Once settings are complete, you can choose one of five sampling modes. The straightforward 'Sampling' mode, as its name suggests, samples the external input only, 'Resampling' mode samples any performance, either live or sequenced, from the Fantom S, and 'Mix' mode combines sampling of the external input and the Fantom's output. 'Solo' mode samples only the external input, but you can hear anything you play on the Fantom S at the same time, and lastly, there's 'Auto Divide' mode, which chops incoming audio into individual samples wherever there is silence — this is useful for quickly sampling consecutive drum hits. The usual Auto Trigger and Pre-sample parameters are here, as well as a Trim Switch (for automatic trimming of the start and end of samples) and you have the option of starting and stopping the sampling process manually, or setting an exact sample length based on either time or number of beats.

The large display is inviting, but it's not a touchscreen. Mind you, the eight 'soft' keys underneath line up better with their on-screen tabs than on the original Fantom! The Sampling Standby display is shown, complete with on-screen input metering.The large display is inviting, but it's not a touchscreen. Mind you, the eight 'soft' keys underneath line up better with their on-screen tabs than on the original Fantom! The Sampling Standby display is shown, complete with on-screen input metering.Photo: Mark EwingHaving selected your sampling method, the input level meters appear — both bar-graph and 'VU' types for good measure — then you just adjust the input knob to set the input gain and you're ready to go. Once a sample is taken, its waveform appears twice in the display — one overview of the whole wave, and a close-up view of either the start, loop or end point. This view can be zoomed horizontally and vertically, allowing for precision trimming with the value dial.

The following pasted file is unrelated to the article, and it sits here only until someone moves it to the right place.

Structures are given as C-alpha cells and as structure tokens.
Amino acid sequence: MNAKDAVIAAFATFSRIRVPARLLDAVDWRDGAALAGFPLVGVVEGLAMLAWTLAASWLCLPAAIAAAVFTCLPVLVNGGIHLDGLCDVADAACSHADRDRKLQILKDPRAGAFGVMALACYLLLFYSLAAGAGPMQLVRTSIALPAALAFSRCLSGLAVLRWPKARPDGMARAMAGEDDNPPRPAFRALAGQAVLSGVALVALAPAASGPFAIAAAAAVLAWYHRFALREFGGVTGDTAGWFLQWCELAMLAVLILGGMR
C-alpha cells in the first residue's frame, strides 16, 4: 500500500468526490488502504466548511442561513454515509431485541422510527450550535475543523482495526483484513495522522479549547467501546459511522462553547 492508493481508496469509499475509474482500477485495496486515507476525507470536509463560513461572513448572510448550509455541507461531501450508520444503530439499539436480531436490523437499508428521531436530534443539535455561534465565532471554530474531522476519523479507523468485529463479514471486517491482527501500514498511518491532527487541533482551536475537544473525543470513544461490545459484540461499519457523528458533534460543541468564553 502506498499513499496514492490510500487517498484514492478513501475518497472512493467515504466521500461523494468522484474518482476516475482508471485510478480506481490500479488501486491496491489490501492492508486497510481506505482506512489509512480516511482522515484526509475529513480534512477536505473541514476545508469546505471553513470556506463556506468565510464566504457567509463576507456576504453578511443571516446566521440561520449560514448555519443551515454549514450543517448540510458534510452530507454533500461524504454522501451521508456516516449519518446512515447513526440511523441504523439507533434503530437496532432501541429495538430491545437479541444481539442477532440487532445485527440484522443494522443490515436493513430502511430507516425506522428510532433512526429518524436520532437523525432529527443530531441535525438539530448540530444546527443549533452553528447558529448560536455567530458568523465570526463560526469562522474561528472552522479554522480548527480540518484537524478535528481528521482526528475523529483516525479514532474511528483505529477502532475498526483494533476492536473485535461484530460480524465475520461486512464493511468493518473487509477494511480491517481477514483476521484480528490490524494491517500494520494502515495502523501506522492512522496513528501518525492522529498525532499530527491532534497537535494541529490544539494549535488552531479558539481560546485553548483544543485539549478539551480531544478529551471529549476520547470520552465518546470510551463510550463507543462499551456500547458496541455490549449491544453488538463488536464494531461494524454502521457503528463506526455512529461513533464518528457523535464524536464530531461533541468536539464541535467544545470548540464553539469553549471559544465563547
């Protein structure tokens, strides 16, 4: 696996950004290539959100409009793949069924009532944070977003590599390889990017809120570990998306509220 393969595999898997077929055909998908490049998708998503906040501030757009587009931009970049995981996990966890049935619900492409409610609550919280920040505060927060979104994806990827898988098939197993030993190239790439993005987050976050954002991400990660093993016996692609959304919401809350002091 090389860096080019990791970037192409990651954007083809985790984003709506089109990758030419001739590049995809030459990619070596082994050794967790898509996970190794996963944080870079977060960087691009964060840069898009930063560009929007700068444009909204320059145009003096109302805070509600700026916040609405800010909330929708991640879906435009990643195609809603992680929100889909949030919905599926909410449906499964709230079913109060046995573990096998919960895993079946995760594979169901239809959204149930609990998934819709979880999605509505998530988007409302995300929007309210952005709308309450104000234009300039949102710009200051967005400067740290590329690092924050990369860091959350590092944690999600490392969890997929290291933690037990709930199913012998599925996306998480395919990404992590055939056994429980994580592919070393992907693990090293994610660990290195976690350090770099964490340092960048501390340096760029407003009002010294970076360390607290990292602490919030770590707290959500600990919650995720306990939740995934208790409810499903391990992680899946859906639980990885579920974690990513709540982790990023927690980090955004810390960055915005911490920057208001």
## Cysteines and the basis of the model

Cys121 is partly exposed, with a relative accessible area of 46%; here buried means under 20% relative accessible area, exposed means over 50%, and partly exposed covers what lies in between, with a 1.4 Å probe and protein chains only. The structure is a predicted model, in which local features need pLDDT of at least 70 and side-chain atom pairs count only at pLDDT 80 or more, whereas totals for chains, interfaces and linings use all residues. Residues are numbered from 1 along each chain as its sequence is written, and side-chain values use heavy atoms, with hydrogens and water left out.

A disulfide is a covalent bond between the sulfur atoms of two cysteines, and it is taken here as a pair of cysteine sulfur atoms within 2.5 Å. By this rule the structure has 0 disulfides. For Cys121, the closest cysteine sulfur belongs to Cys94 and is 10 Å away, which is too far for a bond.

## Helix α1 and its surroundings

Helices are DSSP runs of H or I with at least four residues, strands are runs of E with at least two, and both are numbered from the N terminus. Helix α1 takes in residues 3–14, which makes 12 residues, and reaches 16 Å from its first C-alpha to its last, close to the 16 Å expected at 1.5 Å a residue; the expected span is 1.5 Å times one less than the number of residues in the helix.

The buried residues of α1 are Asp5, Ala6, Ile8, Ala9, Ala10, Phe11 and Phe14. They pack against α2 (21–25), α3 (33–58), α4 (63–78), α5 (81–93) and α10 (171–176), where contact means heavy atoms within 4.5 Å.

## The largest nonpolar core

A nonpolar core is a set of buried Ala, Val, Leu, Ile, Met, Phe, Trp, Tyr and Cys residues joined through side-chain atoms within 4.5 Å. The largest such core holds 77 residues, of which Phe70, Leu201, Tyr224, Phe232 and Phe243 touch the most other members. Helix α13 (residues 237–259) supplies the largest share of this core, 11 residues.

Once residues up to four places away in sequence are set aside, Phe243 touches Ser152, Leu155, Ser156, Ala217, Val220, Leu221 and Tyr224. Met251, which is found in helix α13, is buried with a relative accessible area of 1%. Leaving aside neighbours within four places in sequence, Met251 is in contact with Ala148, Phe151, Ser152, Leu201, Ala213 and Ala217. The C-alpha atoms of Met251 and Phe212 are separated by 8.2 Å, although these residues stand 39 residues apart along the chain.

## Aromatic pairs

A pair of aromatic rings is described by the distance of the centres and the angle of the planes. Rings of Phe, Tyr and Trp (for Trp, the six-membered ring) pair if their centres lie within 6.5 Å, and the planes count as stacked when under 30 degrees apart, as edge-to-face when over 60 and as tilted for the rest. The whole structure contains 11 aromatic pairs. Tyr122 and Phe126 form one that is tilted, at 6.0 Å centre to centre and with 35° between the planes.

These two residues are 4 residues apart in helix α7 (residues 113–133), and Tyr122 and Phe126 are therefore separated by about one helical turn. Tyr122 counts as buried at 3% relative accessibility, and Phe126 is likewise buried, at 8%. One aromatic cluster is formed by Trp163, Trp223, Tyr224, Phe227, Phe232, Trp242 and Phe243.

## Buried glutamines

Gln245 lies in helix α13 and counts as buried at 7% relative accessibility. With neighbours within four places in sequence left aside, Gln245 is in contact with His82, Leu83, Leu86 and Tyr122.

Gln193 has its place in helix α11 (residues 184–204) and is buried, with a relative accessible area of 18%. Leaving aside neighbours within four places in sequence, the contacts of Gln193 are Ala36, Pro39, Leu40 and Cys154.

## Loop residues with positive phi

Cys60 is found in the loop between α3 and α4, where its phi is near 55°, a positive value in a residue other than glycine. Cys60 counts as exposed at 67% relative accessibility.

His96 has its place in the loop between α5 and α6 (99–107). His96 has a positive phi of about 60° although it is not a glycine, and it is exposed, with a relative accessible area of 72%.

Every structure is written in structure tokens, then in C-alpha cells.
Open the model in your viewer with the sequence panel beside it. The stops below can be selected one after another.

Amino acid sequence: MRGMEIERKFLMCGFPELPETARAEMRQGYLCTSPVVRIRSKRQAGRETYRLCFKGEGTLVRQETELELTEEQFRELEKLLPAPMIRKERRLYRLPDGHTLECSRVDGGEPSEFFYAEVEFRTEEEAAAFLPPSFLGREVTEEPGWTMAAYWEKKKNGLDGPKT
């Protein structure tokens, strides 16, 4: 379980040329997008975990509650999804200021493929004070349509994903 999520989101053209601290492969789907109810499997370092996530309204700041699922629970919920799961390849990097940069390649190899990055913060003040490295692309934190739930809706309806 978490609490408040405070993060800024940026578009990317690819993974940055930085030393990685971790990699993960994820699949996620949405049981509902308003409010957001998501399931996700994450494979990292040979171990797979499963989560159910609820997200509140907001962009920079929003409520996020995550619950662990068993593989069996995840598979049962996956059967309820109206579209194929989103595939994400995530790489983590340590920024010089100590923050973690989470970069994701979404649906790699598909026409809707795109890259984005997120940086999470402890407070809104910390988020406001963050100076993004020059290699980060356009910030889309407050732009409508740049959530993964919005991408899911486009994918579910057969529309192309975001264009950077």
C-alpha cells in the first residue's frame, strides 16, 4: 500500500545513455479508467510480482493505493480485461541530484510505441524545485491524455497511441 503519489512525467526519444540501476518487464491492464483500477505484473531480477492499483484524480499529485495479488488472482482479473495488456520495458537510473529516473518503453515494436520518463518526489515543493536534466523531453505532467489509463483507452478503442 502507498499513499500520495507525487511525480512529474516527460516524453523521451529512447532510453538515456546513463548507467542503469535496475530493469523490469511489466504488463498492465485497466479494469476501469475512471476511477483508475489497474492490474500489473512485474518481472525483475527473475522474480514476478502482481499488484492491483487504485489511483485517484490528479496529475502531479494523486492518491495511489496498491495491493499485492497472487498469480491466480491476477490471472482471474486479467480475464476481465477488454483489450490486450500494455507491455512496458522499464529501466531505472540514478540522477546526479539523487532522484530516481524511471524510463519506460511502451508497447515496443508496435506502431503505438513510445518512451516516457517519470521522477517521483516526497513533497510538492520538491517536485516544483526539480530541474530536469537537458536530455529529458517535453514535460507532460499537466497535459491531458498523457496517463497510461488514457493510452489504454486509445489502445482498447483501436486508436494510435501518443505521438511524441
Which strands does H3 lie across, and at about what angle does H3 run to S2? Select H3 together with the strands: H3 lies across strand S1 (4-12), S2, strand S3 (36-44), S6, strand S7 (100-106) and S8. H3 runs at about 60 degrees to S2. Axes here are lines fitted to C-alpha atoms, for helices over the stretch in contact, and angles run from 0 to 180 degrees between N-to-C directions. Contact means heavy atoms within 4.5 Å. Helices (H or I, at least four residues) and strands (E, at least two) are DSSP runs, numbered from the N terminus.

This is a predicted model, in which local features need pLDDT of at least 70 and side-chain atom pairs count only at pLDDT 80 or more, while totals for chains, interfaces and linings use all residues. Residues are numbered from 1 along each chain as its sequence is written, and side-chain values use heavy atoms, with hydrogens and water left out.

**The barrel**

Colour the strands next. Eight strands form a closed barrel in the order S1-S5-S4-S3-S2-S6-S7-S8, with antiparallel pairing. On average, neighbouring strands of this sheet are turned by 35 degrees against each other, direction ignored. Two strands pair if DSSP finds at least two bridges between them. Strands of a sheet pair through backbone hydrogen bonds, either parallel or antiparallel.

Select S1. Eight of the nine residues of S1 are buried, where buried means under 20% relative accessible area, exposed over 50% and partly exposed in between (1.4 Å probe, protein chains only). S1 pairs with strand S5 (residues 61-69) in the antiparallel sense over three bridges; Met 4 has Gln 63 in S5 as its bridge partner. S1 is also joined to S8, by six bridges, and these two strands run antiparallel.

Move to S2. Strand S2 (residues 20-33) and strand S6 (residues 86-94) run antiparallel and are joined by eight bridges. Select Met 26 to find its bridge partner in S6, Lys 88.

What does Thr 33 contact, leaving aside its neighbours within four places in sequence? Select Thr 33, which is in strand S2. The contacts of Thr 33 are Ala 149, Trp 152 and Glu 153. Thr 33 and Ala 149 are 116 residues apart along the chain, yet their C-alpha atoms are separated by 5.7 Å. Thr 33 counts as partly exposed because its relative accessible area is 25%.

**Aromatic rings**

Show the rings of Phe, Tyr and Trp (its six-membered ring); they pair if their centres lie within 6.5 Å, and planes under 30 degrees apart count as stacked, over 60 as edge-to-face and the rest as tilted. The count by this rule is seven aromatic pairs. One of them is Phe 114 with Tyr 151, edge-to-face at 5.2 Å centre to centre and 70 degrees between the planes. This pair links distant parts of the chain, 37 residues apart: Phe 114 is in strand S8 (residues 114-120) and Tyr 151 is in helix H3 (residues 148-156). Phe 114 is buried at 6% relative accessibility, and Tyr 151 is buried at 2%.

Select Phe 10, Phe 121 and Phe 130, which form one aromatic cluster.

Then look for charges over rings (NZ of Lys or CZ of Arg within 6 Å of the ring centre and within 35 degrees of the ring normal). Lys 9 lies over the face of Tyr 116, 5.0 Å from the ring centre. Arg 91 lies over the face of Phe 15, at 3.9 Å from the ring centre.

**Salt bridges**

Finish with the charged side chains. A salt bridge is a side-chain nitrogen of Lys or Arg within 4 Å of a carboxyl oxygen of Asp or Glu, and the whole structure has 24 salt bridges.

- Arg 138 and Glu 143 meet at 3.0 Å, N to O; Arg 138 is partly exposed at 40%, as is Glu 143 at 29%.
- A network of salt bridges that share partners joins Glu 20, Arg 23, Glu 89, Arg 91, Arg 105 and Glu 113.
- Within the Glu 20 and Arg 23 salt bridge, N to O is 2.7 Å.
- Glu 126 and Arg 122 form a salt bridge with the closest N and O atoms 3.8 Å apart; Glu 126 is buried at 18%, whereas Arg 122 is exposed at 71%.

The second method of acquiring samples is to import them from a computer via the USB connection. The USB connection is activated only when the Fantom S's USB menu is accessed, at which point the Fantom S appears as a 'virtual hard drive' on the computer screen; then you simply drag and drop the files you want to import into the Fantom S drive's sample folder. You hit Import Audio on the Fantom S, and those samples appear as a list on the Fantom S display. Finally, you select the samples you want, and hit Import. This is fairly straightforward — would that the Fantom S's sample memory allocation was similarly easy to grasp (as explained in the 'Where Have All The Samples Gone?' box).